More important, by illegally disbanding the National Assembly, Lee rendered all Taiwan elections for national office illegitimate. By denying GMD political control of Taiwan, Lee unwittingly ended the Chinese civil war between the GMD and the CCP - by making the GMD politically irrelevant. Deprived of political control of any Chinese territory, the GMD ceased to exist as a political force of consequence and the Chinese civil war between two contending political parties was at an end - for lack of a certifiable contender.

Taiwan is now occupied by an illegitimate authority that both the GMD and the CCP have a common interest in eliminating. It also makes a mockery of the official US position on Taiwan, which aims to preserve the so-called status quo of Taiwan and to oppose any unilateral changes. The status quo was GMD control of Taiwan, through the government of the ROC. This status quo has been unconstitutional, fundamentally and unilaterally changed by the use of local elections for national offices.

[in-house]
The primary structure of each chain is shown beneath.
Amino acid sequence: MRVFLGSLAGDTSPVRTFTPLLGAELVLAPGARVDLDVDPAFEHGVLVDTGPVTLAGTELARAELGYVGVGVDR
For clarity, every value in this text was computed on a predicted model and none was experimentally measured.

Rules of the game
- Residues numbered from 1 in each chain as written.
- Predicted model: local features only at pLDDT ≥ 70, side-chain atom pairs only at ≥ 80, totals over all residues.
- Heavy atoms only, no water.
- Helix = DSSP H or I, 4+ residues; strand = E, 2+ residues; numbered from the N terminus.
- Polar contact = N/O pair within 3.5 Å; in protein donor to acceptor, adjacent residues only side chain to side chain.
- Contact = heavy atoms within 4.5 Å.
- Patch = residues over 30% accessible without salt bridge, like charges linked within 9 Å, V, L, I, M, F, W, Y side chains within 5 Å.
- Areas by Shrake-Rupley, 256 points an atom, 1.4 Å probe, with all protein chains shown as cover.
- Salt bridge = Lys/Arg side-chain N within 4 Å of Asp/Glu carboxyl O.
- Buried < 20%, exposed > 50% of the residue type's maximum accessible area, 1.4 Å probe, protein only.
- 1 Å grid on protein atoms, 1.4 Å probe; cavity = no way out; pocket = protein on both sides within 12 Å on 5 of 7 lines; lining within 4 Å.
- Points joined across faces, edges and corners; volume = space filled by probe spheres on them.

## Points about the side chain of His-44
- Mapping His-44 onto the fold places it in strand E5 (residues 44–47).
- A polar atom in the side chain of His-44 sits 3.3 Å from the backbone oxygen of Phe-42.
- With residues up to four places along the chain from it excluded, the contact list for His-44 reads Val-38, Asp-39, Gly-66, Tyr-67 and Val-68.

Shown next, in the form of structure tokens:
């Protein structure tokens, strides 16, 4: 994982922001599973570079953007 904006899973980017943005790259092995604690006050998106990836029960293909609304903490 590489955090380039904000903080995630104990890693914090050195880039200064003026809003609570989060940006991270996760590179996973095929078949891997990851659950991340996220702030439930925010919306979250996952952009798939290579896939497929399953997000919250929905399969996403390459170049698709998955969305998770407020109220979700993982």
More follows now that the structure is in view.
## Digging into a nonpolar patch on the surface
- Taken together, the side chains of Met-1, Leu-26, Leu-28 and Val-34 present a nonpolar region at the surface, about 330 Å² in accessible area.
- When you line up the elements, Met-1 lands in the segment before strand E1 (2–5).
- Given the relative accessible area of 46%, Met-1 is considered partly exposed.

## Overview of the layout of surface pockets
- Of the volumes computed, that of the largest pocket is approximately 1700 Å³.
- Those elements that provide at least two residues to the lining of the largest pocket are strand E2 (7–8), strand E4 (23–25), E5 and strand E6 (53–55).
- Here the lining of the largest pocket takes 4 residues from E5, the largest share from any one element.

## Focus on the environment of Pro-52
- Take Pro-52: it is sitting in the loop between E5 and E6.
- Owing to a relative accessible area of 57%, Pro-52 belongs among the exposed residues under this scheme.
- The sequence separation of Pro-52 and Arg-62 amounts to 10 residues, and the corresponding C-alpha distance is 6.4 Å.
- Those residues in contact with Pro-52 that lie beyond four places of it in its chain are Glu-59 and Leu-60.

Unless and until the US de-recognizes the usurpation of national offices of the ROC by unconstitutional local elections, the "one China" policy professed by the US is mere hypocrisy. The issue is not local democracy; the issue is illegitimate usurpation.

A recent controversy involving the illegal 1994 ROC constitution is the right to referendum, which is enshrined in that new constitution. Although the right is constitutionally permitted, implementing legislation had been blocked by the pan-blue coalition - largely from suspicions that proponents of a referendum law would use it to overturn even the illegal new ROC constitution and provide a legalistic means for declaring Taiwan independence.